Cheney Free Press -

Staff Reporter 

Phoenix Hanks earns a rare opportunity

Medical Lake High School student one of 25 in nation to vie for U.S. Army, NFL Hall-of-Fame money


April 26, 2018

Paul Delaney

Phoenix Hanks will travel to Canton, Ohio later this summer to see if he wins scholarship. He hopes to also continue the football career he started at Medical Lake by walking on in the future at Eastern Washington University.

One might wonder how Phoenix Hanks Jr. caught the eye of the U.S. Army and the Pro Football Hall of Fame and became one of 25 finalists across the nation to compete for a $2,500 college scholarship?

The answer ought to be simple. Just look at the Medical Lake High School senior's resume and background paper that prints out to eight pages and then look at the dozens and dozens of his accomplishments and involvements.

Or you can get the "Cliff Notes" version with a live interview. That is if you can catch up to him between high school and college classes in Running Start where he will earn a pair of diplomas later this spring.

Win the big prize or not, on Aug. 4 when he and 24 other outstanding student-athletes visit Canton, Ohio to participate in various activities surrounding the enshrinement of the Hall of Fame Class of 2018, Hanks will have hob-knobbed with the new inductees.They include Ray Lewis, Brian Urlacher, Randy Moss plus, Green Bay Packers offensive lineman, Sandpoint, Idaho's Jerry Kramer.

Just two nominees, Hanks and Ryder Meyer from Fairfield, Mont. near Great Falls are from the West and they will attend the Aug. 2 Hall of Fame game between Chicago and Baltimore.

And earlier, on Friday, May 4, Hanks will meet current hall member, receiver James Lofton, in a special ceremony and assembly in front of fellow Medical Lake students.

Hanks' path to this honor began while he was participating on the Cheney High School swim team. Cheney brings a number of Medical Lake athletes into their program and they compete in regular matches, trying to earn berths to state.

Coach Jennifer Hochwalt got an email from the local Army recruiter regarding the opportunity of a scholarship. The original idea was to nominate a Cheney student but Hochwalt thought Hanks might be a better fit.

Hanks said he did not think it was going to be a big deal, until he started to further his application. "Then I realized it was a little bit bigger," he said. "I was really humbled that I would be a part of that."

He received the call when competing at state back in February and the celebration was on, followed by all kinds of questions from his teammates, such as who was his favorite NFL hall of famer.

That would be Steve Largent of the Seattle Seahawks, Hanks said.

The finalists were selected on a variety of criteria, including athletics where Hanks played varsity football two years for the Cardinals, swam and also lettered in track and field.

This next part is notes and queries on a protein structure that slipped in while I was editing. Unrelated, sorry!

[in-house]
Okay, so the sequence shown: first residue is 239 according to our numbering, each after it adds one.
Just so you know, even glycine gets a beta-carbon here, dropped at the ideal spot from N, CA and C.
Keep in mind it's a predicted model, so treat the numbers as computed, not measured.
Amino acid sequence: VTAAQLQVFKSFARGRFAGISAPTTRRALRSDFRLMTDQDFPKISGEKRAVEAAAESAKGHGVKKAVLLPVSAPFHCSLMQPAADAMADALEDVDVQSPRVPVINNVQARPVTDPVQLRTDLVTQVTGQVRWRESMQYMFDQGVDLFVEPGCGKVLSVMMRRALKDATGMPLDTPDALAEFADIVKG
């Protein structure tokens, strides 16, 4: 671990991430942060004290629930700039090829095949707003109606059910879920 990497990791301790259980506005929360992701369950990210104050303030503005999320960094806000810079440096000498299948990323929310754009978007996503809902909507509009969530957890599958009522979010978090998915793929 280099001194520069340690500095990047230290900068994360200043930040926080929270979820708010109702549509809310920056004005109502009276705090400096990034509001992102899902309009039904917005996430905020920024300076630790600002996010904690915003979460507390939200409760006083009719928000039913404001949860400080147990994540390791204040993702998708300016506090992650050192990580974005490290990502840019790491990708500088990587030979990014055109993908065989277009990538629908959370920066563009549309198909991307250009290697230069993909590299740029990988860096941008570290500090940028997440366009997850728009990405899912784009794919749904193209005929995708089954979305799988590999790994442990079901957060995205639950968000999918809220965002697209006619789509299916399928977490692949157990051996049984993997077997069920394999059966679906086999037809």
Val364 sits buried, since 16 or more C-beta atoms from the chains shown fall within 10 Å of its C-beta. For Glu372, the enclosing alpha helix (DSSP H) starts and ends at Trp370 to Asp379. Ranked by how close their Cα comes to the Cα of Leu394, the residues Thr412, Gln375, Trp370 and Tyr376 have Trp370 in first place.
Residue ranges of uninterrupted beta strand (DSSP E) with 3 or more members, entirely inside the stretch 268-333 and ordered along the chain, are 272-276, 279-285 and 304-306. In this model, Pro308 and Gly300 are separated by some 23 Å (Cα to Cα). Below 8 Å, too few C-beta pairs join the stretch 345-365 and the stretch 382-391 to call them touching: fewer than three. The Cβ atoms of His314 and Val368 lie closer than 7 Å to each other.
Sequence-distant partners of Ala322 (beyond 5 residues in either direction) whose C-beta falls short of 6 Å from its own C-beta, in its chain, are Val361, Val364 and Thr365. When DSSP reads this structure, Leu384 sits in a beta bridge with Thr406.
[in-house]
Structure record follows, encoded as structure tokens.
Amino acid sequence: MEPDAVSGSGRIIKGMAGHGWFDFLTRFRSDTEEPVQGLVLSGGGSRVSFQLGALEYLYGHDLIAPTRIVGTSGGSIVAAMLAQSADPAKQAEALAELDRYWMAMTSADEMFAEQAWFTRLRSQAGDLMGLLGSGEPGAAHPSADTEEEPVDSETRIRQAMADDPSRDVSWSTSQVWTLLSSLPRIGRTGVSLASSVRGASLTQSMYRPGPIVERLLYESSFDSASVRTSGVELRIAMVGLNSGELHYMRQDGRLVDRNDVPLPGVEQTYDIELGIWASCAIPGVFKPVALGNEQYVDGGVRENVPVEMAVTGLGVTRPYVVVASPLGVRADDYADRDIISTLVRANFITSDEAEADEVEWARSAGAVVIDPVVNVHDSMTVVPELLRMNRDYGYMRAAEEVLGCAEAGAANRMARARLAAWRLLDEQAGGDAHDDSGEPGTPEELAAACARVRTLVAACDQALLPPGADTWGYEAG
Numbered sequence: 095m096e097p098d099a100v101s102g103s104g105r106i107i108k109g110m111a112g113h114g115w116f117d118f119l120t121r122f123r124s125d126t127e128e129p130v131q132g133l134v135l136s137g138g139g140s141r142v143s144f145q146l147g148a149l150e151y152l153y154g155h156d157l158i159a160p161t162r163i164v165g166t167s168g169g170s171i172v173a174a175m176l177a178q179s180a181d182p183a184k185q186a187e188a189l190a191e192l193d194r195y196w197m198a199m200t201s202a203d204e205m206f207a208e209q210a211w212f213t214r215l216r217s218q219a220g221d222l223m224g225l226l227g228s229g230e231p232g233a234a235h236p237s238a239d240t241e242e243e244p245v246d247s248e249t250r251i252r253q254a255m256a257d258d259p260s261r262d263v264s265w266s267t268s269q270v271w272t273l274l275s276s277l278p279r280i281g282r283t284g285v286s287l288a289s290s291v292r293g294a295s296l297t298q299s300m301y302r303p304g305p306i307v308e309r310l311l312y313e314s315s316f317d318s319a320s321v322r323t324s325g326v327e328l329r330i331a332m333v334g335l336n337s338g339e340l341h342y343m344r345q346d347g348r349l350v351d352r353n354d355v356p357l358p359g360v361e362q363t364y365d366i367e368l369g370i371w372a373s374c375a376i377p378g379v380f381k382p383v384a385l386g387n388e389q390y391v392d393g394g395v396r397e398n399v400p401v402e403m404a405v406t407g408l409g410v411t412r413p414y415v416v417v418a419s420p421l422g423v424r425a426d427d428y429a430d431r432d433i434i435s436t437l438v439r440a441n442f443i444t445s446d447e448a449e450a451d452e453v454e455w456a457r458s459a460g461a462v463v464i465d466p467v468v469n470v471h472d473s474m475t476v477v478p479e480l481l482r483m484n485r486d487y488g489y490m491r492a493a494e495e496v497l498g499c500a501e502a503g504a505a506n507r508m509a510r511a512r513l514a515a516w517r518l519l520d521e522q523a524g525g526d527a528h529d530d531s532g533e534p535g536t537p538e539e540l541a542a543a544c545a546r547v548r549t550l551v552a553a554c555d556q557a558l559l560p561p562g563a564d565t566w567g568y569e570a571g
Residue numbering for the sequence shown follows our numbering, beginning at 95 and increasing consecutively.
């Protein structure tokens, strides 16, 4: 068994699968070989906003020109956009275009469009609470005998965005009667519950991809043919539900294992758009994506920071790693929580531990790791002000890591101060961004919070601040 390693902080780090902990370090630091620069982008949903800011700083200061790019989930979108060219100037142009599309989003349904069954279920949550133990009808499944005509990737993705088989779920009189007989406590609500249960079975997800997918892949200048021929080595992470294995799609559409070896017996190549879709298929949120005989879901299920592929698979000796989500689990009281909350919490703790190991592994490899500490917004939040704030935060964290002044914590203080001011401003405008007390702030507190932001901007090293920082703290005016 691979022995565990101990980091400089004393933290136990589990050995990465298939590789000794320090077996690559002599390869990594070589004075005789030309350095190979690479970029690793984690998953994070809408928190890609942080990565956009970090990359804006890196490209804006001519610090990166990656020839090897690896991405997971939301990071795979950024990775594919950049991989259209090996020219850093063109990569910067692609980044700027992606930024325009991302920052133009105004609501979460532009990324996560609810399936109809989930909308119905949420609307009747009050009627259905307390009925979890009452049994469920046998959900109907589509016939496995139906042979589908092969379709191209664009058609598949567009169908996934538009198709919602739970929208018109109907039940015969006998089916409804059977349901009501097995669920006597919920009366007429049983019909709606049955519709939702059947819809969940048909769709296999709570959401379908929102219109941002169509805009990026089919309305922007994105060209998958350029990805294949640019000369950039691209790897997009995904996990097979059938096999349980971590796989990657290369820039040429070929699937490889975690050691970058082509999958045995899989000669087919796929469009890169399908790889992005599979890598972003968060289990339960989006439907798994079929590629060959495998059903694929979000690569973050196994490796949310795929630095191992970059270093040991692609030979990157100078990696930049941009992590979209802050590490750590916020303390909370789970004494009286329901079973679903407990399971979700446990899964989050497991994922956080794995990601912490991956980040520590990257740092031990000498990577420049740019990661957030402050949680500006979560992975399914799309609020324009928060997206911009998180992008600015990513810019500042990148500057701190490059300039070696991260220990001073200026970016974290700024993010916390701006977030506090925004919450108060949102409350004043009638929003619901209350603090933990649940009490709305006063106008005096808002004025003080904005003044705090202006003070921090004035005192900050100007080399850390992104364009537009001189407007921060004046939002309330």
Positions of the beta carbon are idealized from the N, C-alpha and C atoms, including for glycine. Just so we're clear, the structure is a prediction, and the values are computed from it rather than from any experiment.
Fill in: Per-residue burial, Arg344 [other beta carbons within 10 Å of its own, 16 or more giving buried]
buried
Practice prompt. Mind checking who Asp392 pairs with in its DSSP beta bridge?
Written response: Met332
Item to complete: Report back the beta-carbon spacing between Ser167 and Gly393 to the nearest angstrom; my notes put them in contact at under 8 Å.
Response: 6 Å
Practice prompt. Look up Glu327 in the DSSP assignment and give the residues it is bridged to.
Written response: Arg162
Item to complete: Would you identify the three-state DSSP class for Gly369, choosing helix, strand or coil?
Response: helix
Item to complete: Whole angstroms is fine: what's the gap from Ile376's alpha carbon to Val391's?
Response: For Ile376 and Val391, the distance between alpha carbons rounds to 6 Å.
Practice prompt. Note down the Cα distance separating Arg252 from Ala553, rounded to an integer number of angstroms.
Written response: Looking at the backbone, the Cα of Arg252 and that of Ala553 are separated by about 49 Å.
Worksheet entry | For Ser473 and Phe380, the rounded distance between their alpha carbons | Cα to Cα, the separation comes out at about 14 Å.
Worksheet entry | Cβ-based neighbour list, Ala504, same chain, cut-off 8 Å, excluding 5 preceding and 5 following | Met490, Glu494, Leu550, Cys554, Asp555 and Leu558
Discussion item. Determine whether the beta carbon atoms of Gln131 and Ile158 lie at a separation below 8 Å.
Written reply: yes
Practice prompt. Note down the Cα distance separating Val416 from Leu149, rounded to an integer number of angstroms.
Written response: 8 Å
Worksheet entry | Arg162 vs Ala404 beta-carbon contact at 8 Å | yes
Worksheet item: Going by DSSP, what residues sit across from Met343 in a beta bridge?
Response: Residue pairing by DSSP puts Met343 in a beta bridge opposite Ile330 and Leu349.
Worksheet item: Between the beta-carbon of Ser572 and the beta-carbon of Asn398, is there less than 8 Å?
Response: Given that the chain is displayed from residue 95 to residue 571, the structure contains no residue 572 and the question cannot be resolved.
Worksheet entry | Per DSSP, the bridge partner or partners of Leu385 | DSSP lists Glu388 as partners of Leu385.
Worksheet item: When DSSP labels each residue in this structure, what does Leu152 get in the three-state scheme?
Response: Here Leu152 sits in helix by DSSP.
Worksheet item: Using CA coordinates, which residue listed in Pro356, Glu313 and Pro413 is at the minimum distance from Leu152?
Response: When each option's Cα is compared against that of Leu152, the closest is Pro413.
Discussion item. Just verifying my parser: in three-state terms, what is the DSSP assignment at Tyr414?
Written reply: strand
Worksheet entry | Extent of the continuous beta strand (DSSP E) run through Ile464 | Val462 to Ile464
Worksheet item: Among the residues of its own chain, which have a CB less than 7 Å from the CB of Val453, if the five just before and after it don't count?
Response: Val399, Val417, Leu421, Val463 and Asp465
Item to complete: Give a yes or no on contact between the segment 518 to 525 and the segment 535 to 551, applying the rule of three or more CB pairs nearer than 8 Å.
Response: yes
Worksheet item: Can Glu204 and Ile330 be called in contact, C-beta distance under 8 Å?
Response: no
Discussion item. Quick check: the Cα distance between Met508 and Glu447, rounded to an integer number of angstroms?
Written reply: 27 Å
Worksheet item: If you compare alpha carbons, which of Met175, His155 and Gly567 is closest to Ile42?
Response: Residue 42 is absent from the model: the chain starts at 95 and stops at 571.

Born in Roseville, Calif. to Phoenix Hanks Sr. and Melynda Hanks, both active duty military, Phoenix Jr. has seen much of the world during his father's 22-year career that started in the U.S. Army and concluded in the U.S. Air Force. Mom did eight years in the USAF. The 17-year-old has three siblings, Vanessa, 18, Trynity, 11 and Maxlynn, 5.

One of Hanks' strengths in the competition was his participation in the Medical Lake High School Junior ROTC program. That group's community service efforts earned them a Congressional Commendation from 5th District Congresswoman Cathy McMorris Rodgers.

"It's academics, athletics and volunteerism what they're looking for," Hanks said, who carries a 3.83 GPA into school next fall at Eastern Washington University where he will double-major in engineering and pre-med with a final goal of becoming a doctor.

Somewhere along the line, Hanks wants to see if he can survive college and then prosper as a walk-on in 2019 for the EWU football team. After graduation he wants to apply to become a Navy SEAL and hopefully put some of his swimming skills to work.

"I've got a pretty busy schedule in front of me the next 10 years," Hanks said.

It certainly is a tough road ahead, but Hanks has had a notable hard knock in his past that might serve to add a hard edge to a gentlemanly and well-spoken persona.

Hanks played flag and touch football growing up, but lived in England for nine years and never had the opportunity to play the sport for his school. The closest he came was rugby.

Sometimes referred to as tackle football without pads, Hanks said the experience was fun, but not without its moments.

"One time I broke my nose during a game and they just popped it back into place," Hanks said, without even a flinch. That was in seventh-grade and he was told to "Keep playing, keep playing, there was blood everywhere."

Paul Delaney can be reached at


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